Life Science 2030
We are witnessing an evolution of the life science sector both in the UK and internationally. Not only is the sector expanding rapidly but scientific developments are facilitating new techniques and product outputs. Unsurprisingly, this is driving growing interest in the sector from real estate developers and investors alike, evident across the Oxford – Cambridge Arc as a global cluster of expertise in the life science sector.
Credits: Bio-Innovation Centre, TusPark, Cambridge Science Park; Babraham Research Campus; Sherard Building, Oxford Science Park
Our experience of operating in this market for many decades demonstrates enormous change. Oxford and Cambridge strength in the life science sector has been driven by growing ecosystems of global corporates, start-ups and expanding SMEs working across a range of highly specialist areas. We have seen how the rapid developments in life sciences and associated technology sectors have translated to significant real estate implications.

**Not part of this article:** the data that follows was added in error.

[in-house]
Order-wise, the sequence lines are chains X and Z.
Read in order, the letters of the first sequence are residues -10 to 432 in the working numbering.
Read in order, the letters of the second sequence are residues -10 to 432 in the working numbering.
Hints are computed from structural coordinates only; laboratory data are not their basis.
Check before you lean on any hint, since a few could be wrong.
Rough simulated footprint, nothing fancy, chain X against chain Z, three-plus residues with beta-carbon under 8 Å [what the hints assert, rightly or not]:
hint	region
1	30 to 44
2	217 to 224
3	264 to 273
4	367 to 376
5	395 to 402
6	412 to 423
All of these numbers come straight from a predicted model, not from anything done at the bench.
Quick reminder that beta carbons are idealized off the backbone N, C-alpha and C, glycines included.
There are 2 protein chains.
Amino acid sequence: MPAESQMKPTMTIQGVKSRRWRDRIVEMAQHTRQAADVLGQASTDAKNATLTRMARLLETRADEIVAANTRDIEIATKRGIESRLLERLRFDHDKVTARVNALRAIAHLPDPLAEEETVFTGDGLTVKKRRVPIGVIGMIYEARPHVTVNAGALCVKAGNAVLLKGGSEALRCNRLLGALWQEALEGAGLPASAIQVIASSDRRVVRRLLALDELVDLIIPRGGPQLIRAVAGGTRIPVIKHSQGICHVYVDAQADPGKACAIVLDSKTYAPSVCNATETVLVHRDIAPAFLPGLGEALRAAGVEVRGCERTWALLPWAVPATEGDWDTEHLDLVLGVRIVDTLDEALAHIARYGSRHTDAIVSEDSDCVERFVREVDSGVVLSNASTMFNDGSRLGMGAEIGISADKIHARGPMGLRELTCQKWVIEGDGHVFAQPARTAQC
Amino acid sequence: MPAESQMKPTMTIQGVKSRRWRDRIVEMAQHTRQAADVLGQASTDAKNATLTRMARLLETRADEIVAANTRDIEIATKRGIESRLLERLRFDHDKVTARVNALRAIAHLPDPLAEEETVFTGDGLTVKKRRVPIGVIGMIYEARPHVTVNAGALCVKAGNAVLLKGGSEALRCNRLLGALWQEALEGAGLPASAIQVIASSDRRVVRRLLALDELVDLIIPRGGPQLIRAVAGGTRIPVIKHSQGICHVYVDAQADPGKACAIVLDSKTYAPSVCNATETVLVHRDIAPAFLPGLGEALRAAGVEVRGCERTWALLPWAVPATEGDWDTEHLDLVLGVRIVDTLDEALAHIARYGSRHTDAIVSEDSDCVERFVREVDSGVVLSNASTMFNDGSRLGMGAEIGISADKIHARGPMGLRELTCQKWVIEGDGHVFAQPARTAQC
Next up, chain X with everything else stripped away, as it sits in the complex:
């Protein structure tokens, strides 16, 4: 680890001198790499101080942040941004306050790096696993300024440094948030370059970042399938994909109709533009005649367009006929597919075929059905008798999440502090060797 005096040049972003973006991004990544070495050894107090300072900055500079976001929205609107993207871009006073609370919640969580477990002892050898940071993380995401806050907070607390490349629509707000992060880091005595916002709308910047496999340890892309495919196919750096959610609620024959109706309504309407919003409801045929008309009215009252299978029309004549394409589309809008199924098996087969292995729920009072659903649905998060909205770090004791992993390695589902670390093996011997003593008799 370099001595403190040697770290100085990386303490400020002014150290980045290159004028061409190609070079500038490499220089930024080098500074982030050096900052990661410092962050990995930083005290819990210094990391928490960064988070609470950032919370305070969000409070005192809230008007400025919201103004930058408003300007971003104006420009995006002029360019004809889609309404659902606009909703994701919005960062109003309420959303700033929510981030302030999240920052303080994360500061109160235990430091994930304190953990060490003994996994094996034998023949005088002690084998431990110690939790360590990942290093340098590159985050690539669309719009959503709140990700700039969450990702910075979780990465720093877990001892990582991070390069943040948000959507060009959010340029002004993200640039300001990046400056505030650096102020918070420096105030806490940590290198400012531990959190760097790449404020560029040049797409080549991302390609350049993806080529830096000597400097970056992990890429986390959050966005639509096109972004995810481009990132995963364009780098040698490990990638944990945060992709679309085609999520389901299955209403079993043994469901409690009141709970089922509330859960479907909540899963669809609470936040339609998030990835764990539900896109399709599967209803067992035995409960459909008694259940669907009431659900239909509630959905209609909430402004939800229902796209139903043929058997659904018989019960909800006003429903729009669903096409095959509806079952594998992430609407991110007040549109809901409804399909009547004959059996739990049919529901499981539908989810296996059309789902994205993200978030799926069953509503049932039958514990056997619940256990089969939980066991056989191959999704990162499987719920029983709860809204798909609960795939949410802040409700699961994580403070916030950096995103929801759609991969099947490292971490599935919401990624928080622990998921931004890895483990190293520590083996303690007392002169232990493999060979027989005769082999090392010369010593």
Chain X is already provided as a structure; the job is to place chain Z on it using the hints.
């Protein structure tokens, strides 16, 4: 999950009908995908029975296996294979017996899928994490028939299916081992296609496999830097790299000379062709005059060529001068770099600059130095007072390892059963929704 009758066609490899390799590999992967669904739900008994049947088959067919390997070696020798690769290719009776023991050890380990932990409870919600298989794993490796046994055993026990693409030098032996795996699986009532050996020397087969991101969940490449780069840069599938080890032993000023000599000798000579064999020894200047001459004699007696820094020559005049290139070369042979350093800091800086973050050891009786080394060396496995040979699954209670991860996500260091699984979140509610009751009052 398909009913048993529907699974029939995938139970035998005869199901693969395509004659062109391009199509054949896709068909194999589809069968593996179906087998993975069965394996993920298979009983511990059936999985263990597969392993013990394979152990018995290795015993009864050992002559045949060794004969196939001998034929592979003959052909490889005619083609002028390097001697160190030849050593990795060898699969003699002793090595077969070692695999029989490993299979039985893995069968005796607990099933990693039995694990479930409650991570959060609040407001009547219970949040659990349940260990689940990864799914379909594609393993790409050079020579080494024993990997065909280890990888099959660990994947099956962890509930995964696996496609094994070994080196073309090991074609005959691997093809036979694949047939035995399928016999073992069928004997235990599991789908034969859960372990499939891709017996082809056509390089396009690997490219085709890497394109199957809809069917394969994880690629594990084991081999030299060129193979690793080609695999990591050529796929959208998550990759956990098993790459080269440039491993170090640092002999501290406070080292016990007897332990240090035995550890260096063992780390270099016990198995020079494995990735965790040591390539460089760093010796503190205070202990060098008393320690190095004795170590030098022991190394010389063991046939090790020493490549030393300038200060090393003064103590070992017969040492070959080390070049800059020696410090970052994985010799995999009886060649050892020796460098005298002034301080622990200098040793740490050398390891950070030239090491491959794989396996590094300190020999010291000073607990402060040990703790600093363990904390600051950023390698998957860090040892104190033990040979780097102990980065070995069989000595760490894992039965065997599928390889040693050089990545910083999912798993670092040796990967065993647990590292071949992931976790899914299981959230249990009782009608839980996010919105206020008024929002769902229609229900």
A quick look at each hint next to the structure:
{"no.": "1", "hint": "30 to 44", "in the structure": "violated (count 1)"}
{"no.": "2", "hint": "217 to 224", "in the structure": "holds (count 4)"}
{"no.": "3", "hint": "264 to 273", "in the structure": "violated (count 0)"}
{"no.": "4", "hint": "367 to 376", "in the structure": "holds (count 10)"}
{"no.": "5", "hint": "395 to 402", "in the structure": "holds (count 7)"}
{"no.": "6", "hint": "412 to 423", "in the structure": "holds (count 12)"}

The coming decade will see a further acceleration across the life science sector, with technological and scientific advances across specialisations, from biopharmaceuticals, medical technology, diagnostics and digital heath.
Given the evolution we at Bidwells have witnessed over the last decade, we’re clear that we should not underestimate the changes we will see over the coming 10 years, with the inevitable implications for the physical real estate, location decision making and ultimately the characteristics of investment asset.
Given this, we are in the midst of a programme of work Life Science 2030 – the implications for real estate. We look forward to discussing this work with our clients over the coming months, but in the meantime, we will be publishing a series of short blogs highlighting some of the issues we are considering.
How will the application of AI in the life science sector impact on the demand for labs?
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